Re:Investor greed trumps the executive's greed (1)

bluefoxlucid (723572) | more than 3 years ago | (#36501678)

It only costs short investors money; long-position investors make money because of the increased (over)valuation of the company.

Re:Investor greed trumps the executive's greed (1)

s73v3r (963317) | more than 3 years ago | (#36502126)

This statement is absurd on its face. Why the fuck else should they engineer this, if they weren't getting a reward?

I smell ... (0)

Anonymous Coward | more than 3 years ago | (#36501232)

Lawsuit!

Re:I smell ... (2)

UnknowingFool (672806) | more than 3 years ago | (#36501396)

Not that the executives can't sue but they normally have contract that may allow the company to do these things. However the details of the contracts are important. The articles seem to suggest that by removing these execs, the parent company saves a lot of money as the executive stock options that the execs would have gotten either go back to the company for free or extremely reduced cost. That is, unless the contracts stipulate other terms.

Agreed (2)

gr8_phk (621180) | more than 3 years ago | (#36501410)

It appears that this move isn't meddling from Redmond; rather, the private equity firm that owns a 70 percent stake in Skype wanted to cut back on the payout to company execs that would normally accompany this kind of transaction.

If the situation is what the summary suggests, the execs will sue them and the investor will end up paying legal fees AND whatever their obligation would have been had they not been fired.

Interesting... (3, Interesting)

fuzzyfuzzyfungus (1223518) | more than 3 years ago | (#36501252)

Ordinarily, even pathetic, abject failure verging on negligence isn't enough to get the People Who Matter sacked. These private equity guys must have some epic level suits on staff, if they are able to rightsize executives as though they were mere peons...

Re:Interesting... (2, Informative)

TheSpoom (715771) | more than 3 years ago | (#36501488)

Please don't use the word "rightsize". It's just insulting all around. They were fired.

Re:Interesting... (0)

Anonymous Coward | more than 3 years ago | (#36501608)

They owned 70% of Skype. They have absolute power through share votes. They essentially own the company and can unilaterally sack anyone they want, including all the executives.

--Anon as am at work (where logging in to sites is forbidden)

Re:Interesting... (1)

Hazel Bergeron (2015538) | more than 3 years ago | (#36501776)

Ownership implies responsibility. Shareholders are not responsible for debt so they are not owners, just leeches.

Private equity firms are the Gekkoesque scourge of modern capitalism, confusing the passion of success in producing something you love (see Hewlett, Packard, Olsen et al.) with the passion of making money because the rules let you.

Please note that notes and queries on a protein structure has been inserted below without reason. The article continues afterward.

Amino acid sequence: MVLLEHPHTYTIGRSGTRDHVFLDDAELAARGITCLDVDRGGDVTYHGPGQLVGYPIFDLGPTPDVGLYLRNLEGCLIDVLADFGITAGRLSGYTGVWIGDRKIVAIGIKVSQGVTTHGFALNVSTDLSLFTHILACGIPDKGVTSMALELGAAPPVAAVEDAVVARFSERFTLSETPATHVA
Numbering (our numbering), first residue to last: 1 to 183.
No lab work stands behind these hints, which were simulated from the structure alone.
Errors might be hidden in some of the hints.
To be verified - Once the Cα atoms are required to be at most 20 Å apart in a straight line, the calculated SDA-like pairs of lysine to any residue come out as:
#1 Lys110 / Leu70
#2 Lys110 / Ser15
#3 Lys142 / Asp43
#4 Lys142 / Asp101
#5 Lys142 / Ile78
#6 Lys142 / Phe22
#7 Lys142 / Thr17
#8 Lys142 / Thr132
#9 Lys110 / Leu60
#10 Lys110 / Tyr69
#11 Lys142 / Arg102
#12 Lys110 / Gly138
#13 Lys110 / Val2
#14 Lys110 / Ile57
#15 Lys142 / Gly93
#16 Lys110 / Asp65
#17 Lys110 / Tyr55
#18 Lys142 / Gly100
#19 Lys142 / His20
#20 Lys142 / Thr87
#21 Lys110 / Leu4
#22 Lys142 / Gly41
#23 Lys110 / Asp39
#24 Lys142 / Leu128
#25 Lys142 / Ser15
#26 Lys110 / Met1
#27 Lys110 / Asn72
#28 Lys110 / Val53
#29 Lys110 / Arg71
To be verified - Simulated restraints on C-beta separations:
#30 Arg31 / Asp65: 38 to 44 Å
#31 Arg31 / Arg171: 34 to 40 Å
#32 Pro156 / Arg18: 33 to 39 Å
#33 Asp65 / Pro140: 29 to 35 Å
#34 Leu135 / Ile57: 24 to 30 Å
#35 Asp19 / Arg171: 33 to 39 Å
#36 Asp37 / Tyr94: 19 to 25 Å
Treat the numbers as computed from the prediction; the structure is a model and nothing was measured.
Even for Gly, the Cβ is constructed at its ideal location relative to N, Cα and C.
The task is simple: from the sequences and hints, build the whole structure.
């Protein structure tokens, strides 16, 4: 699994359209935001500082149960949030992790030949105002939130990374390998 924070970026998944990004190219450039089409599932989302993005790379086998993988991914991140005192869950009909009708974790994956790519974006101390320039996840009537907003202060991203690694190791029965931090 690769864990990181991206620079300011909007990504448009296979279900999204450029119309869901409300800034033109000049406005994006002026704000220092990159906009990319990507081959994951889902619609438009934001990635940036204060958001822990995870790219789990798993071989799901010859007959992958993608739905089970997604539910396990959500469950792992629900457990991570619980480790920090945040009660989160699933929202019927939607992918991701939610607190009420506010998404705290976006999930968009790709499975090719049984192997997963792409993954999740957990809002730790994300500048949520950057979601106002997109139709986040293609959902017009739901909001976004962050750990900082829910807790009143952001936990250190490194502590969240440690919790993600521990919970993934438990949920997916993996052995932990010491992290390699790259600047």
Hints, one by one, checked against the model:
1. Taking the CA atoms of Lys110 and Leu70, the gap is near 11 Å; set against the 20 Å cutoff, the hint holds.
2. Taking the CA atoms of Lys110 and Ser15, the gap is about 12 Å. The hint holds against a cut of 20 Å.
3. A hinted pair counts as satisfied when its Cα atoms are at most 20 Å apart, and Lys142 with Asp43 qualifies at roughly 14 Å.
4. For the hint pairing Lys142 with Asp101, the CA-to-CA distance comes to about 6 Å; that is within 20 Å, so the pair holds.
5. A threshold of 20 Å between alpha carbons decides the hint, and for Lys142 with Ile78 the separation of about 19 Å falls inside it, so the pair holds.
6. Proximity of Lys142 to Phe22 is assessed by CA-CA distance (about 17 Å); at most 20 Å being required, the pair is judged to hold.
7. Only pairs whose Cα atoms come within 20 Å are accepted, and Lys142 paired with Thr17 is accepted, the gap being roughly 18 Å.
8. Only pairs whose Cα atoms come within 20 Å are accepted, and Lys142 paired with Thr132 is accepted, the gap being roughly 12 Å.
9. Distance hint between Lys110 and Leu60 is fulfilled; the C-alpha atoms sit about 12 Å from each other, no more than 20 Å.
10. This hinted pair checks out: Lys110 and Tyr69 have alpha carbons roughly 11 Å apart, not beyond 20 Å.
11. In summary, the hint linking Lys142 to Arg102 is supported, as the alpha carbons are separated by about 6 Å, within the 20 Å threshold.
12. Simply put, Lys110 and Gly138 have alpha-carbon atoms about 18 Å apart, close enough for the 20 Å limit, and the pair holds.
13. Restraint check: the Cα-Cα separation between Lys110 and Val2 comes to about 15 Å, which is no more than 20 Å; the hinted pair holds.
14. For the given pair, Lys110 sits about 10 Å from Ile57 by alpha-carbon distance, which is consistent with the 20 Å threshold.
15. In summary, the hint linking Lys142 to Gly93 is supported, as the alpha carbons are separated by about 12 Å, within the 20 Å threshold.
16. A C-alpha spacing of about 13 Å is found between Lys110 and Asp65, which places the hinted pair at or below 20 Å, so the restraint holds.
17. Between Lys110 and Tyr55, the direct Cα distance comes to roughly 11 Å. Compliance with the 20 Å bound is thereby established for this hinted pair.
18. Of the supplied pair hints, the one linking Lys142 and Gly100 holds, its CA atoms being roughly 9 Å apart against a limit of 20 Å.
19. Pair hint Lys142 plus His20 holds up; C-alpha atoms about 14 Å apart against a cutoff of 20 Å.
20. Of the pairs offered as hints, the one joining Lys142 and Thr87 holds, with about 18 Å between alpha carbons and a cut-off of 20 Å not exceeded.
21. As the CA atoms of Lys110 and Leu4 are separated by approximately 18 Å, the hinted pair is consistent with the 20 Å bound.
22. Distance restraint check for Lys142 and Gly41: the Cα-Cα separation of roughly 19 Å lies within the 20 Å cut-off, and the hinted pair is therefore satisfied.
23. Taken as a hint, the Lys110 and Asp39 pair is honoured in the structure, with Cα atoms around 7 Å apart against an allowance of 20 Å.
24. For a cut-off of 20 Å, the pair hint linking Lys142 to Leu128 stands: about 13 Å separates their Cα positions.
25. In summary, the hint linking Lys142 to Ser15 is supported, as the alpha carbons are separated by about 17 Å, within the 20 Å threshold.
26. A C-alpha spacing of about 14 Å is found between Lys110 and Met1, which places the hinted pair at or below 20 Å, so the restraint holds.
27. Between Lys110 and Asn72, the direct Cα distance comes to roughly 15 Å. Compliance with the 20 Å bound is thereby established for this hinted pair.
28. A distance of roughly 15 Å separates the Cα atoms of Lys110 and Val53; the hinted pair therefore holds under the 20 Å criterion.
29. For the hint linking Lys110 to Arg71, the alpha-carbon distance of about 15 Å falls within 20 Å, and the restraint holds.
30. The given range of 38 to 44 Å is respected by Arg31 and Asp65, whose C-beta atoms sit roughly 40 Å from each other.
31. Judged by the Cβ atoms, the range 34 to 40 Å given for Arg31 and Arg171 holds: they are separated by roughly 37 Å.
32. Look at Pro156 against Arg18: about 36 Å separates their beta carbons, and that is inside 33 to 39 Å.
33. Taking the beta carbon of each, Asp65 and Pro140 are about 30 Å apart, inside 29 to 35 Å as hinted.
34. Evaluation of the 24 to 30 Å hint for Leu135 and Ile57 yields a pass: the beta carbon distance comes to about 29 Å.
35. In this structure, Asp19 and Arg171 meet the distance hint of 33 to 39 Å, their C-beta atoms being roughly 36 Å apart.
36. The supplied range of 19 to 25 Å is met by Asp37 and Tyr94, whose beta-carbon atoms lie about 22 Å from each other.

Re:Interesting... (0)

Anonymous Coward | more than 3 years ago | (#36501968)

Shareholders are not responsible for their debt, but they are behind the debtors in line for getting their investment back.

Re:Interesting... (1)

Zocalo (252965) | more than 3 years ago | (#36501632)

I wonder if there is any correlation between those execs that were fired and those that didn't think that a buyout by MS was the way to go. Now that there are likely to be large sums of cash heading their way I can just imagine some creative headcount reduction going on to try and increase the slices of the pie for the rest; "You didn't support the MS buyout, so you're not getting a share of the payouts either..."

Shed no tears for them. (5, Informative)

140Mandak262Jamuna (970587) | more than 3 years ago | (#36501274)

These guys are big fish, swimming with the sharks. For example Gurle joined in Jan 2010. Just 18 months with the company. All the fired ones seem to be the MBA types who move in just to dress the company up for sale or IPO. Not the founders and early grunts who toil in garages and warehouses during the very early days living on pizza, sleeping in the office, desperately churning out code on a shoe string budget, not knowing if they can make pay roll next month.

These suits ate little fish in their time. They got eaten by bigger fish. They will again start eating little fish once again. Just stay out of their jaws, if you can.

Re:Shed no tears for them. (2)

PPH (736903) | more than 3 years ago | (#36501744)

I'll shed no tears. Primarily because people at these levels typically negotiate personal services contracts rather than employment at will. And any smart attorney will include language to lock in benefits (or a suitable termination fee) in the event any change in ownership is impending.

The founders and early employees will probably get Microsoft stock. For that, they will shed tears. I'll be ROTFLMA.

Go that right! (0)

Anonymous Coward | more than 3 years ago | (#36501838)

Everyone seems think those executives who were canned were fired, told to pack their shit, escorted to the curb, and then that's all. The article doesn't say but if it's like any other executive canning:

They were given a letter and that says the resigned along with a nice big fat severance along with their stock and options. They then call the executive recruiter who then starts pounding the pavement for them.

While they're "looking" for a new job, they're on the golf course talking to their buddies who will be looking for bigger and better things for them because - they have the Skype M&A on their resumes - something that I'd kill for to have on my resume! In the meantime it's golf, fine wine and scotch, trophy wives and mistresses and hanging out having fun!